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Chapter 29 | Introduction to Quantum Physics
Chapter 29 Homework
Conceptual Questions
29.1 Quantization of Energy
1. Give an example of a physical entity that is quantized. State specifically what the entity is and what the limits are on its
values.
2. Give an example of a physical entity that is not quantized, in that it is continuous and may have a continuous range of values.
3. What aspect of the blackbody spectrum forced Planck to propose quantization of energy levels in its atoms and molecules?
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4. If Planck’s constant were large, say 10
times greater than it is, we would observe macroscopic entities to be quantized.
Describe the motions of a child’s swing under such circumstances.
5. Why don’t we notice quantization in everyday events?
29.2 The Photoelectric Effect
6. Is visible light the only type of EM radiation that can cause the photoelectric effect?
7. Which aspects of the photoelectric effect cannot be explained without photons? Which can be explained without photons? Are
the latter inconsistent with the existence of photons?
8. Is the photoelectric effect a direct consequence of the wave character of EM radiation or of the particle character of EM
radiation? Explain briefly.
9. Insulators (nonmetals) have a higher BE than metals, and it is more difficult for photons to eject electrons from insulators.
Discuss how this relates to the free charges in metals that make them good conductors.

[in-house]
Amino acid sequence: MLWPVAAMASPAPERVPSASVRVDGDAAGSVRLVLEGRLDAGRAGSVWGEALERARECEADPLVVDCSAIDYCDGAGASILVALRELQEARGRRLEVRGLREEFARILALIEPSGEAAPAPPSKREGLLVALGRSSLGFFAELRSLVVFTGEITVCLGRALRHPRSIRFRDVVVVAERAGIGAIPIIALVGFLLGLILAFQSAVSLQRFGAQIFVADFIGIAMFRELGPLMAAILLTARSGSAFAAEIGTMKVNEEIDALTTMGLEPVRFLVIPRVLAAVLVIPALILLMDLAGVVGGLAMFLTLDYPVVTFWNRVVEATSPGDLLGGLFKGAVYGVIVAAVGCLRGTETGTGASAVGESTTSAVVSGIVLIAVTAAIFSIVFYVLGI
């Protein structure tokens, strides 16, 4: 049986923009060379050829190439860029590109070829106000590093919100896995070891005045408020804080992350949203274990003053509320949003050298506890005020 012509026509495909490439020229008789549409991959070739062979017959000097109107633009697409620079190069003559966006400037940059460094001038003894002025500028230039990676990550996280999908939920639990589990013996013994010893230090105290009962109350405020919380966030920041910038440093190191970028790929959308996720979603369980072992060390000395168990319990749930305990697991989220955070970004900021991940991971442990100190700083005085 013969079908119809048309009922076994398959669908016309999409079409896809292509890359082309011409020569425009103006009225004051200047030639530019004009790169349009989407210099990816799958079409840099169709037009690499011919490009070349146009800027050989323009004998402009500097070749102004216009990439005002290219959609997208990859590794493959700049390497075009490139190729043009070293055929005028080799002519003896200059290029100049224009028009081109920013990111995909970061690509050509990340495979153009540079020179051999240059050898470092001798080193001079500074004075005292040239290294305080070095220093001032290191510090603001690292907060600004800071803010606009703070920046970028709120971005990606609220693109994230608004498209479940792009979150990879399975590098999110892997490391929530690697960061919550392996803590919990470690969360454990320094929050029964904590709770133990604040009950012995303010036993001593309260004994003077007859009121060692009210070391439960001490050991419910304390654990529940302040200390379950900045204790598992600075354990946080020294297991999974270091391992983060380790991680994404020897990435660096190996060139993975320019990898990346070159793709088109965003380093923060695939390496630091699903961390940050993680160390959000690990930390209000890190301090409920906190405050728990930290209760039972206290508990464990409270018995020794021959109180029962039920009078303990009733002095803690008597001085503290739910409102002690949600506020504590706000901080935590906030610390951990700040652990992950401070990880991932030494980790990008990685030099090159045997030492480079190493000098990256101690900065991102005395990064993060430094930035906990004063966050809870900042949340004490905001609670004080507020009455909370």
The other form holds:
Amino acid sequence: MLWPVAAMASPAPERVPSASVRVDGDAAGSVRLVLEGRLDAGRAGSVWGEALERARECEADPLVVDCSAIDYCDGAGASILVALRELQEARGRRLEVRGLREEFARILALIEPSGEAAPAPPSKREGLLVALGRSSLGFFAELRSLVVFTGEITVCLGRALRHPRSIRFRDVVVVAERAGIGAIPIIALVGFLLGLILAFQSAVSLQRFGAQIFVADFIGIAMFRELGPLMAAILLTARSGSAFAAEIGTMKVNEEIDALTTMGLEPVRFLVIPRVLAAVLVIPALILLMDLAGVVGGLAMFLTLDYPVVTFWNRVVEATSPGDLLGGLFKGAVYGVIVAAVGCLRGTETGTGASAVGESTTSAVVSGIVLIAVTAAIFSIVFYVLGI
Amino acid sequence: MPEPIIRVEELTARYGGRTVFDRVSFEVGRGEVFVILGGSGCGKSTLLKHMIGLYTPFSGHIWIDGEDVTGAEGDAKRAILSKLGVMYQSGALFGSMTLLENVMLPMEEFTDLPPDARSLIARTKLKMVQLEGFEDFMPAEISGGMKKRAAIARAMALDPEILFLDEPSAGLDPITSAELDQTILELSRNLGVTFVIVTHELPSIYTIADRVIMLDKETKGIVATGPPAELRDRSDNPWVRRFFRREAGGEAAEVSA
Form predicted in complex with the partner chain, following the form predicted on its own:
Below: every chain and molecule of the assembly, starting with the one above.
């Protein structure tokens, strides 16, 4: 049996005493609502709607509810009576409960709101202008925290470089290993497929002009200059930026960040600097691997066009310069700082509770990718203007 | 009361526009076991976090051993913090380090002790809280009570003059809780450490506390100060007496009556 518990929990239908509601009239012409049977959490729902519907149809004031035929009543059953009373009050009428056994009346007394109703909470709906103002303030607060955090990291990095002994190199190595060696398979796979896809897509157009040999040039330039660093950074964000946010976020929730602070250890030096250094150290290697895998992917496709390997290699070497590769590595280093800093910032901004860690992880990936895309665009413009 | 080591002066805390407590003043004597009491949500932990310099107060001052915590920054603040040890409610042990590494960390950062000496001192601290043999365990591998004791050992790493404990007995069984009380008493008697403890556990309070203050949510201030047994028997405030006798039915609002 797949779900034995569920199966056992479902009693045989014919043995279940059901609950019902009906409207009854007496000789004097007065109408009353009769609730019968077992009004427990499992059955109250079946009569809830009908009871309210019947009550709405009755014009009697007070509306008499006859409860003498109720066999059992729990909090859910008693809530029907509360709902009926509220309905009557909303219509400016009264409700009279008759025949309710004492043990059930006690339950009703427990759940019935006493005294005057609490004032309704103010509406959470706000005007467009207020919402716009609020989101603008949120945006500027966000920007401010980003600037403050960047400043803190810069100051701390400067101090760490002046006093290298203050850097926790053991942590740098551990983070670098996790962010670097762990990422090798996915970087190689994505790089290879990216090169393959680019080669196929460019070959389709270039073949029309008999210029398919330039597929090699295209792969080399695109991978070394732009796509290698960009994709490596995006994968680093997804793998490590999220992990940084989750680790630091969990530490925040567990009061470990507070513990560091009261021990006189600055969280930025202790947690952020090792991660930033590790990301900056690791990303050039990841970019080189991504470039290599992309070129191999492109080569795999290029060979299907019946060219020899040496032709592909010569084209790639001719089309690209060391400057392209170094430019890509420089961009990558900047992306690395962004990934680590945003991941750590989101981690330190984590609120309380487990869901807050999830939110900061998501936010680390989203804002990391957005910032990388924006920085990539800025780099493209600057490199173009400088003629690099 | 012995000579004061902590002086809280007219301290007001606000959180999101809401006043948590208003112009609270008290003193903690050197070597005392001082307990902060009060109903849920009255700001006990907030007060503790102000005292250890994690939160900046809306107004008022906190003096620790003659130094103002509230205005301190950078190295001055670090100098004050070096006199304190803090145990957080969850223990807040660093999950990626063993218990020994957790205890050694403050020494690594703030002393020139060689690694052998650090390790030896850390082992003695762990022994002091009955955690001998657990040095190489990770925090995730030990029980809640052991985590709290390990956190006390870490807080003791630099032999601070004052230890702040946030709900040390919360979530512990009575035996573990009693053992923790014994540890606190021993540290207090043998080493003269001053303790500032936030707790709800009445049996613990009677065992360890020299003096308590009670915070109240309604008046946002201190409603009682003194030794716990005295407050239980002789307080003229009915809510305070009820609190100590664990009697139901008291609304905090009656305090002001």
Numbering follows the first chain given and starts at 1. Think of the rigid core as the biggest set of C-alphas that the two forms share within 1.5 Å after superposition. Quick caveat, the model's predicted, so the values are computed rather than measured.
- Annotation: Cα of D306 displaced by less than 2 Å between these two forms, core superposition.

10. If you pick up and shake a piece of metal that has electrons in it free to move as a current, no electrons fall out. Yet if you
heat the metal, electrons can be boiled off. Explain both of these facts as they relate to the amount and distribution of energy
involved with shaking the object as compared with heating it.
29.3 Photon Energies and the Electromagnetic Spectrum
11. Why are UV, x rays, and γ rays called ionizing radiation?
12. How can treating food with ionizing radiation help keep it from spoiling? UV is not very penetrating. What else could be
used?
13. Some television tubes are CRTs. They use an approximately 30-kV accelerating potential to send electrons to the screen,
where the electrons stimulate phosphors to emit the light that forms the pictures we watch. Would you expect x rays also to be
created?
14. Tanning salons use “safe” UV with a longer wavelength than some of the UV in sunlight. This “safe” UV has enough photon
energy to trigger the tanning mechanism. Is it likely to be able to cause cell damage and induce cancer with prolonged
exposure?
15. Your pupils dilate when visible light intensity is reduced. Does wearing sunglasses that lack UV blockers increase or
decrease the UV hazard to your eyes? Explain.
16. One could feel heat transfer in the form of infrared radiation from a large nuclear bomb detonated in the atmosphere 75 km
from you. However, none of the profusely emitted x rays or γ rays reaches you. Explain.
17. Can a single microwave photon cause cell damage? Explain.
18. In an x-ray tube, the maximum photon energy is given by
hf = qV. Would it be technically more correct to say
hf = qV + BE, where BE is the binding energy of electrons in the target anode? Why isn’t the energy stated the latter way?
29.4 Photon Momentum
19. Which formula may be used for the momentum of all particles, with or without mass?
20. Is there any measurable difference between the momentum of a photon and the momentum of matter?
21. Why don’t we feel the momentum of sunlight when we are on the beach?
29.6 The Wave Nature of Matter
22. How does the interference of water waves differ from the interference of electrons? How are they analogous?
23. Describe one type of evidence for the wave nature of matter.
24. Describe one type of evidence for the particle nature of EM radiation.
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